Massachusetts Daily Collegian

Minutewomen softball begins season with cross-country travel, string of tournaments

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At the collegiate level, the difficult task of making it through an entire season and walking away at the end with a championship begins before the first pitch is even thrown.

For the Massachusetts softball team, the offseason has come and gone. After a 24-22, 15-6 Atlantic 10 record last season, its opportunity to start this year’s journey and put the hours of work in the gym and batting cages to use has arrived.

But the early stretch of the 2017 season won’t be an easy one for the Minutewomen, as they travel to take on non-conference opponents in three states—Texas, Mississippi and California—in a month’s time.

The first games of the season are already behind the team, as they concluded their first tournament over the weekend.

UMass returned from Florida on Monday, where it competed in the EMU Madeira Beach Invitational, garnering a 2-3 record while playing teams like Central Michigan, Oakland University and Robert Morris.

It is safe to say that getting the first one out of the way is a good feeling for the players.

“I was so happy to be playing again,” junior ace Meg Colleran said. “There’s really nothing that beats it.”

Even though they’ll be flying all over the country, Minutewomen coach Kristi Stefanoni isn’t concerned with the amount of traveling the early season is going to entail and believes that more good can come from the trips than bad.

“Road trips build a lot of great things because you’re around each other all the time,” Stefanoni said. “We make sure that wherever we go, [the players] leave their cell phones on the bus so they can actually engage with each other.”

With so many games played in such a short amount of time, it will be imperative to the long-term success of the UMass team that it maintain the health of its players, giving pitchers and catchers specifically enough opportunity to rest when the need presents itself.

“[Health] is extremely important to us. [The players] are always told to take care of themselves with treatment when they get back and then my staff and I talk about what the next couple of days will be for them in order to get ready for the next weekend,” Stefanoni said.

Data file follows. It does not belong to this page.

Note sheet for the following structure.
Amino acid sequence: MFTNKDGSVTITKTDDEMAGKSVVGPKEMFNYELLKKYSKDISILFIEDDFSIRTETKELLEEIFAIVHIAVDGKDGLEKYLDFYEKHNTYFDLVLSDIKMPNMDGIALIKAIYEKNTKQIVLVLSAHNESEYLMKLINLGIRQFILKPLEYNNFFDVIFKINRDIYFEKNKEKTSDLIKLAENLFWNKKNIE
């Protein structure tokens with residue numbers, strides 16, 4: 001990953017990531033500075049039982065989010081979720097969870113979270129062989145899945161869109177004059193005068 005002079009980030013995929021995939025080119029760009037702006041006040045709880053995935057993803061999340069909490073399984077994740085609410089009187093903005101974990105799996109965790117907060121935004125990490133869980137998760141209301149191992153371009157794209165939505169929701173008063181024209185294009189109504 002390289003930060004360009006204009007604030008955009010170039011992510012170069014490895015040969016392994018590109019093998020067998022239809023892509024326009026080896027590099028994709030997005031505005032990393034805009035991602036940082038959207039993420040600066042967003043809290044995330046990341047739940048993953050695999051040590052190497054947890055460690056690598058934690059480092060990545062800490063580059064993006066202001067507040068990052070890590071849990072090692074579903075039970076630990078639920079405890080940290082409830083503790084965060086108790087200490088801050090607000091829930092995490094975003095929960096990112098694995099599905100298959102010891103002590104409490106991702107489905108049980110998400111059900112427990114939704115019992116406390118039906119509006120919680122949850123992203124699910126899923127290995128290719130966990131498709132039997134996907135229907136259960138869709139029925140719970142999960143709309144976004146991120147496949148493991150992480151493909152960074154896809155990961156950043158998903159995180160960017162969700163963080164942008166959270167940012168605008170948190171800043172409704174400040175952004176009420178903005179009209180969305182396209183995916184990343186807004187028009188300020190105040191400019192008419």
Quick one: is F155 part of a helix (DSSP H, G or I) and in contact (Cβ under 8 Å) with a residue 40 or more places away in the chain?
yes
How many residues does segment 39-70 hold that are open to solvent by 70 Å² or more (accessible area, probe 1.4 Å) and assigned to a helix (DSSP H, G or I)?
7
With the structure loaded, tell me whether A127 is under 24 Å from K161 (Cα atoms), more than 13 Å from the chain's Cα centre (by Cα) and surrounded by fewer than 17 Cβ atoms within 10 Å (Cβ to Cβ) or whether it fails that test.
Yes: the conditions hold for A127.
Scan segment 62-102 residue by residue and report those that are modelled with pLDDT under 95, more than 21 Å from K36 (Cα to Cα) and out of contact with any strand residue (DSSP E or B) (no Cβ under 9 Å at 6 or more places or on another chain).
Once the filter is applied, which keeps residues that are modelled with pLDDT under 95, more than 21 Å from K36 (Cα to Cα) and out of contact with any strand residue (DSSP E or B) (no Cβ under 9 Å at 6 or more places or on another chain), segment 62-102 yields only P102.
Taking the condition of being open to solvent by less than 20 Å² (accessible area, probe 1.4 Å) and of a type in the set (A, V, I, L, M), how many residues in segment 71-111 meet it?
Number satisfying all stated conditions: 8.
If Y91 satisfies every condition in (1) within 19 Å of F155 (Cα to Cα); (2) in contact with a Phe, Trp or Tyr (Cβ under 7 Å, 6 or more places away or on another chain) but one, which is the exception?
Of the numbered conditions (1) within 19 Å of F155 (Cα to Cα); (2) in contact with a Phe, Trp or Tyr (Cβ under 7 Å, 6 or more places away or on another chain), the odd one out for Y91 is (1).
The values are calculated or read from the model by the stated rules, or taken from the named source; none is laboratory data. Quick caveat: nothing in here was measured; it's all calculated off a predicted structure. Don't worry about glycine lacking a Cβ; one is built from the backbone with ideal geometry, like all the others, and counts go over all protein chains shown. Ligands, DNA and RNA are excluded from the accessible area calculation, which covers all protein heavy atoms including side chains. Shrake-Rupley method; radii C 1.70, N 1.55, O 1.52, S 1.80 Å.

In the pitching circle, the Minutewomen’s starting rotation will relish the tournaments as an opportunity to get back into the groove of the regular season. With so many games to work out the early-season kinks, Colleran is looking forward to getting back into the swing of things.

“The most important part of the preseason is to make sure we’re getting the team ready and using these games to feel things and each other out; getting to know the team better, getting to know the coaches better and just meshing as a unit,” she said.

In her 2016 season with the team, the North Attleboro native tossed seven complete-game shutouts and had 125 strikeouts.

When asked about her ace, Stefanoni conveyed Colleran’s irreplaceable importance to the team.

“She’s a work horse and the glue that’s going to keep our staff together. I’m just happy that we have her for another season,” Stefanoni said.

Contrastingly, Madison Gimpl, a freshman outfielder starting her first season with the team, is ready to do anything in the preseason that she can to make an impact on the field and prepare for the regular season.

“I want to compete,” Gimpl said. “I just want to help my team out in any way possible and bring whatever I can to the table.”

As an athlete from California attending school in Massachusetts, Gimpl is no stranger to copious travel and thinks that playing a variety of opponents will be beneficial for the team.

“I think it’s good to branch out and play different teams, go to different areas and really get the UMass name out there,” Gimpl said.

When UMass finishes its early test of tournament play, the team will begin conference action with three games in Amherst against St. Bonaventure, opening the regular season with a doubleheader Mar. 25.

Liam Flaherty can be reached at [email protected]

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